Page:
The letter, notice and a pamphlet written by OSHA for healthcare workers were mailed to more than 600,000 employers, employee representatives and trade and professional associations.

On November 27, 1987, OSHA published in the Federal Register an ANPR announcing the initiation of the rulemaking process (52 FR 45438). The Agency requested information relevant to reducing occupational exposure to HBV and HIV under section 6(b) of the OSH Act. The public was asked to comment on the scope, the modes of controlling exposure, personal protective equipment, vaccination programs, management of exposure incidents, medical surveillance, training and education, generic standards, advances in hazard control, effectiveness of alternative approaches and the environmental effects. A sixty day period was set for comments, and these comments were to be submitted to the OSHA docket by January 26, 1988, as noted in a correction published in the Federal Register December 11, 1987 (52 FR 47097).

OSHA received an overwhelming response to the ANPR. Interested parties included employers, unions, health professionals, trade representatives, professional associations, manufacturers, and government agencies. The comments were analyzed and the data along with other information in the record were used in preparing a Notice of Proposed Rulemaking (NPRM).

On May 30, 1989, OSHA published the NPRM in the Federal Register (54 FR 23042). In it, the Agency made a preliminary determination that certain employees face a significant health risk as the result of occupational exposure to blood and other potentially infectious materials because they may contain bloodborne pathogens, including hepatitis B virus which causes Hepatitis B, a serious liver disease, and human immunodeficiency virus, which causes AIDS. The Agency also preliminarily concluded that this significant health risk can be minimized or eliminated using a combination of engineering and work practice controls, personal protective clothing and equipment, training, medical follow-up of exposure incidents, vaccination, and other provisions.

Public hearings on the proposed standard were held in Washington, D.C., September 12-27, 1989; Chicago, Illinois, October 17-20, 1989; New York City, November 13-16, 1989; Miami, Florida, December 19-22, 1989; and San Francisco, California, January 9-17, 1990. OSHA presented 10 expert witnesses in the areas of Hepatitis B vaccination programs, infection control, clinical laboratories, hazardous waste, training, engineering controls including equipment design and needlesticks, HBV and HIV research and production facilities, and public safety officers' risks. Over 400 persons, representing the wide range of interested parties including healthcare providers, labor unions, trade and professional organizations, and other affected parties participated in the hearings. At the close of the last public hearing on the proposed standard in San Francisco, January 17, 1990, Administrative Law Judge James Guill set the following deadlines for participants to send material to OSHA: March 20, 1990, for the submission of additional information and April 19, 1990, for submission of comments, summations and briefs. These dates were extended to April 19, 1990, for additional information and May 21, 1990, comments, summations and briefs. In addition, comments from any interested persons or organizations on OSHA's surveys relating to the technological and economic feasibility of implementing the proposed standard in hospital and non-hospital facilities were solicited and required to be postmarked on or before May 21, 1990 (54 FR 10250).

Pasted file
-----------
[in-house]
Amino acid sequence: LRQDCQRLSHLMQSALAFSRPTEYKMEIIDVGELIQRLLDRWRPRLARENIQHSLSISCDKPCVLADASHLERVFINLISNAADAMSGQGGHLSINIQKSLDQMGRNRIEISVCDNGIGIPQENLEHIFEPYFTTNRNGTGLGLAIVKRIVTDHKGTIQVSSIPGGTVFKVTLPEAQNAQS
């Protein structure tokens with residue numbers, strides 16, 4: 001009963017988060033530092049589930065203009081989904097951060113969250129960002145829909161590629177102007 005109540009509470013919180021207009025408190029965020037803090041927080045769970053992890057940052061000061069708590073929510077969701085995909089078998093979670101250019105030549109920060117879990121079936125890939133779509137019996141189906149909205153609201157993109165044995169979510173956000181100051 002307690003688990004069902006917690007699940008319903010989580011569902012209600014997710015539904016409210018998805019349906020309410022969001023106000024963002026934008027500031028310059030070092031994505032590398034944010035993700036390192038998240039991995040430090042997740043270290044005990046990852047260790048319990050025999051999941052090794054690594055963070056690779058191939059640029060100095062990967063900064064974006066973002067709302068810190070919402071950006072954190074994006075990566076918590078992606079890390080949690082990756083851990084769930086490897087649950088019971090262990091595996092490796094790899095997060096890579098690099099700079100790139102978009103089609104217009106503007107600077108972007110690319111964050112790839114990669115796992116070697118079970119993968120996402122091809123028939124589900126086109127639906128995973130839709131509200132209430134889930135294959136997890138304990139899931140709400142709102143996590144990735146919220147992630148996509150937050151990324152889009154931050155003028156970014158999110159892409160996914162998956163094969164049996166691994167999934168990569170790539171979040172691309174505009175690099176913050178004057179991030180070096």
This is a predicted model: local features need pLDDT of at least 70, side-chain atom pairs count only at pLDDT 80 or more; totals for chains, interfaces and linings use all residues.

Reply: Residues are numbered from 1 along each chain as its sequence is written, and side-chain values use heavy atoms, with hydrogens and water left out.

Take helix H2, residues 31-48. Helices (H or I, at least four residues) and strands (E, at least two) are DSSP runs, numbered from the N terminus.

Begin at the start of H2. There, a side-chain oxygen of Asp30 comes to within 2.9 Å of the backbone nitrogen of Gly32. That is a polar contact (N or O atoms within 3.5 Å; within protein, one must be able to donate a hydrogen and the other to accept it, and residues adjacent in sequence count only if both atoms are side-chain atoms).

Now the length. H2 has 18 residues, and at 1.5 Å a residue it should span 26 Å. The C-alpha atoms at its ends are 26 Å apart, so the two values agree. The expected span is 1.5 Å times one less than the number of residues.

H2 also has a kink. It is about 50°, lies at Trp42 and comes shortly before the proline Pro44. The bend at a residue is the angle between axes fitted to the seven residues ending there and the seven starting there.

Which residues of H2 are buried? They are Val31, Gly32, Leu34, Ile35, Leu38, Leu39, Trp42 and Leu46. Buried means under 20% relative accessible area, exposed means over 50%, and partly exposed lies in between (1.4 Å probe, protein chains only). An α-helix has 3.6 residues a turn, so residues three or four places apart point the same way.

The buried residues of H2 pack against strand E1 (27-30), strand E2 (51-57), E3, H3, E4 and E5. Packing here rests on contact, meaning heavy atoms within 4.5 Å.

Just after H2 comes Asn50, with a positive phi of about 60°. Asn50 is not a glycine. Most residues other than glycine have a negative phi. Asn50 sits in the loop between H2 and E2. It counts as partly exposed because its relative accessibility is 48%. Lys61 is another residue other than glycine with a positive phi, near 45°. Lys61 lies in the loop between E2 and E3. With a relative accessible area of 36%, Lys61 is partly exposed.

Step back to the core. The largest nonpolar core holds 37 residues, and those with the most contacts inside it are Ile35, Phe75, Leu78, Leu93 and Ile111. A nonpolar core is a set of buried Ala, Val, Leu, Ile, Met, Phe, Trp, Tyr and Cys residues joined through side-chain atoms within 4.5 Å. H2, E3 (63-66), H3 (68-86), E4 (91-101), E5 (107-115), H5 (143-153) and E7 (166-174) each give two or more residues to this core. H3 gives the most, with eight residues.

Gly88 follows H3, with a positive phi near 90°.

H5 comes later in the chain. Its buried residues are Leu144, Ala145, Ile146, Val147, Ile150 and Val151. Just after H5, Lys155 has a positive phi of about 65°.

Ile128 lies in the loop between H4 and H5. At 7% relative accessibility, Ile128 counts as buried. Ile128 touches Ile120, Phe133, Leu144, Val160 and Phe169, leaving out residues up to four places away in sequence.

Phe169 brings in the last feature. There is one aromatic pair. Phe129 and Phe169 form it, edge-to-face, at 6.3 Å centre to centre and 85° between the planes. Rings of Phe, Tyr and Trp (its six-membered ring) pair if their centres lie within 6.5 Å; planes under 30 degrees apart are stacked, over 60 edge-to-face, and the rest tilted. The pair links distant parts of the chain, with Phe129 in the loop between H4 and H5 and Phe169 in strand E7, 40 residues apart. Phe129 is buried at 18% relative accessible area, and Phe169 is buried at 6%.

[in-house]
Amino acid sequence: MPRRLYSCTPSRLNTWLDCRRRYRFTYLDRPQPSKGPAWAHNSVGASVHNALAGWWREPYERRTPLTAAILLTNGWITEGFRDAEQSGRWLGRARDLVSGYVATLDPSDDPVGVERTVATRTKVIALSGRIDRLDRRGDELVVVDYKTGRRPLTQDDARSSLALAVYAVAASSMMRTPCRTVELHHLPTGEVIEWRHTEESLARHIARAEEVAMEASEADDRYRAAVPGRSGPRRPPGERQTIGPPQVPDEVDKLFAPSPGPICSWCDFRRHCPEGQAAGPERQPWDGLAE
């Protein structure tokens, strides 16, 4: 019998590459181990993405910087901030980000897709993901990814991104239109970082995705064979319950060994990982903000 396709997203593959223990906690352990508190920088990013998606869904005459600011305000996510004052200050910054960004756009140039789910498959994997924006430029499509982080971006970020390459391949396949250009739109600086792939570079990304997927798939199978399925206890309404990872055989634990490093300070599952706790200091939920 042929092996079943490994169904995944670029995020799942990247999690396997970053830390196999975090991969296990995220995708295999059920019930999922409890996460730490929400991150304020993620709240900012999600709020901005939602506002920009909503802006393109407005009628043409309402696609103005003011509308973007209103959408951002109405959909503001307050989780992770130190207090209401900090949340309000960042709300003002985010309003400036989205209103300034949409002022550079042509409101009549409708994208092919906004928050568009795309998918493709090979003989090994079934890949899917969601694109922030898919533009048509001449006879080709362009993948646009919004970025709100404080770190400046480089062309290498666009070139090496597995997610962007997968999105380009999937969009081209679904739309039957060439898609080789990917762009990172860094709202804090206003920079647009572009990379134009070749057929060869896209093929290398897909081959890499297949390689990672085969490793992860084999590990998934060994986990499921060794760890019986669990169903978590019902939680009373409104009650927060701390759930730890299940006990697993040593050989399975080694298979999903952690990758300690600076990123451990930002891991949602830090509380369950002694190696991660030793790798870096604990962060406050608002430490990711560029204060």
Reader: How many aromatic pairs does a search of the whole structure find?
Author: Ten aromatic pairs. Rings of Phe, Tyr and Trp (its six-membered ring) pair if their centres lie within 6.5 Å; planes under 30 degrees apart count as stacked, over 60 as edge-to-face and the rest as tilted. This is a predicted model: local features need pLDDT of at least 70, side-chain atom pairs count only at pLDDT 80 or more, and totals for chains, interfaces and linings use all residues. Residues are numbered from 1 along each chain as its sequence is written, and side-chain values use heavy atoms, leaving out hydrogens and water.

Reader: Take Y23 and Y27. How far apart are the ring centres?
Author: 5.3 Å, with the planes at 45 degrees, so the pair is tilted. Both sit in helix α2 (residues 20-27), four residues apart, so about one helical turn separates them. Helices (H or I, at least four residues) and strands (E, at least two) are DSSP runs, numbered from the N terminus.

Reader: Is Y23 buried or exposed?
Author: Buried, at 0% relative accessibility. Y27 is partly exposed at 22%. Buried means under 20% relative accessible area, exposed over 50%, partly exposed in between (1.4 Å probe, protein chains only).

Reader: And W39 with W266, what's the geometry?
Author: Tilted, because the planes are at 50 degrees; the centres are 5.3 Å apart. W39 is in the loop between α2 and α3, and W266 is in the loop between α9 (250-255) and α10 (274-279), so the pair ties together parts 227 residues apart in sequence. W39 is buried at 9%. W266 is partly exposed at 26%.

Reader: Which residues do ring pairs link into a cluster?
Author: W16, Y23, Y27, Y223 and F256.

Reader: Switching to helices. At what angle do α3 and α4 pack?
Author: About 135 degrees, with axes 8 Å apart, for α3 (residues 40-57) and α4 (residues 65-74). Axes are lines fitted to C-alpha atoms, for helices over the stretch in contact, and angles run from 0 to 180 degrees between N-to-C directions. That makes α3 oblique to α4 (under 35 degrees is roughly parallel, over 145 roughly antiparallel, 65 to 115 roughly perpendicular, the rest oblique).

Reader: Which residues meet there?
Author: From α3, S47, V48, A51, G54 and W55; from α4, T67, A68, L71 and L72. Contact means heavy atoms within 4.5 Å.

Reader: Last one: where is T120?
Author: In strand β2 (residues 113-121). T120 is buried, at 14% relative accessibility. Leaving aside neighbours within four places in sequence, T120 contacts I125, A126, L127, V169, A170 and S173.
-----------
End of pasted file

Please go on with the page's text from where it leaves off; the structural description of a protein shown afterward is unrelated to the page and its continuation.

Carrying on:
The record of the public hearing includes the following: the original transcript of the hearing, which incorporated the record as a whole; exhibits number 24 to 220, which were received into the record during the hearing; exhibits number 221 to 313, which were received as post-hearing comments; Federal Register notice, 55 FR 10250, extending the comment period and notifying the public of information in the record; and Judge Guill's order of July 23, 1991, receiving the post-hearing submissions and closing and certifying the record of the public hearing in accordance with 29 CFR 1911.17. Copies of materials contained in the record may be obtained from the OSHA Docket Office, Room N-2625, U.S. Department of Labor, 200 Constitution Avenue, N.W., Washington, D.C. 20210. The Docket Office is open to the public from 10:00 a.m. until 4:00 p.m., Monday through Friday except Federal holidays.

The final standard on occupational exposure to Bloodborne Pathogens is based on full consideration of the entire record of this proceeding, including materials discussed or relied upon in the proposal, the record of the informal hearing, and all written comments and exhibits received.

[56 FR 64004, Dec. 6, 1991; 57 FR 29206, July 1, 1992]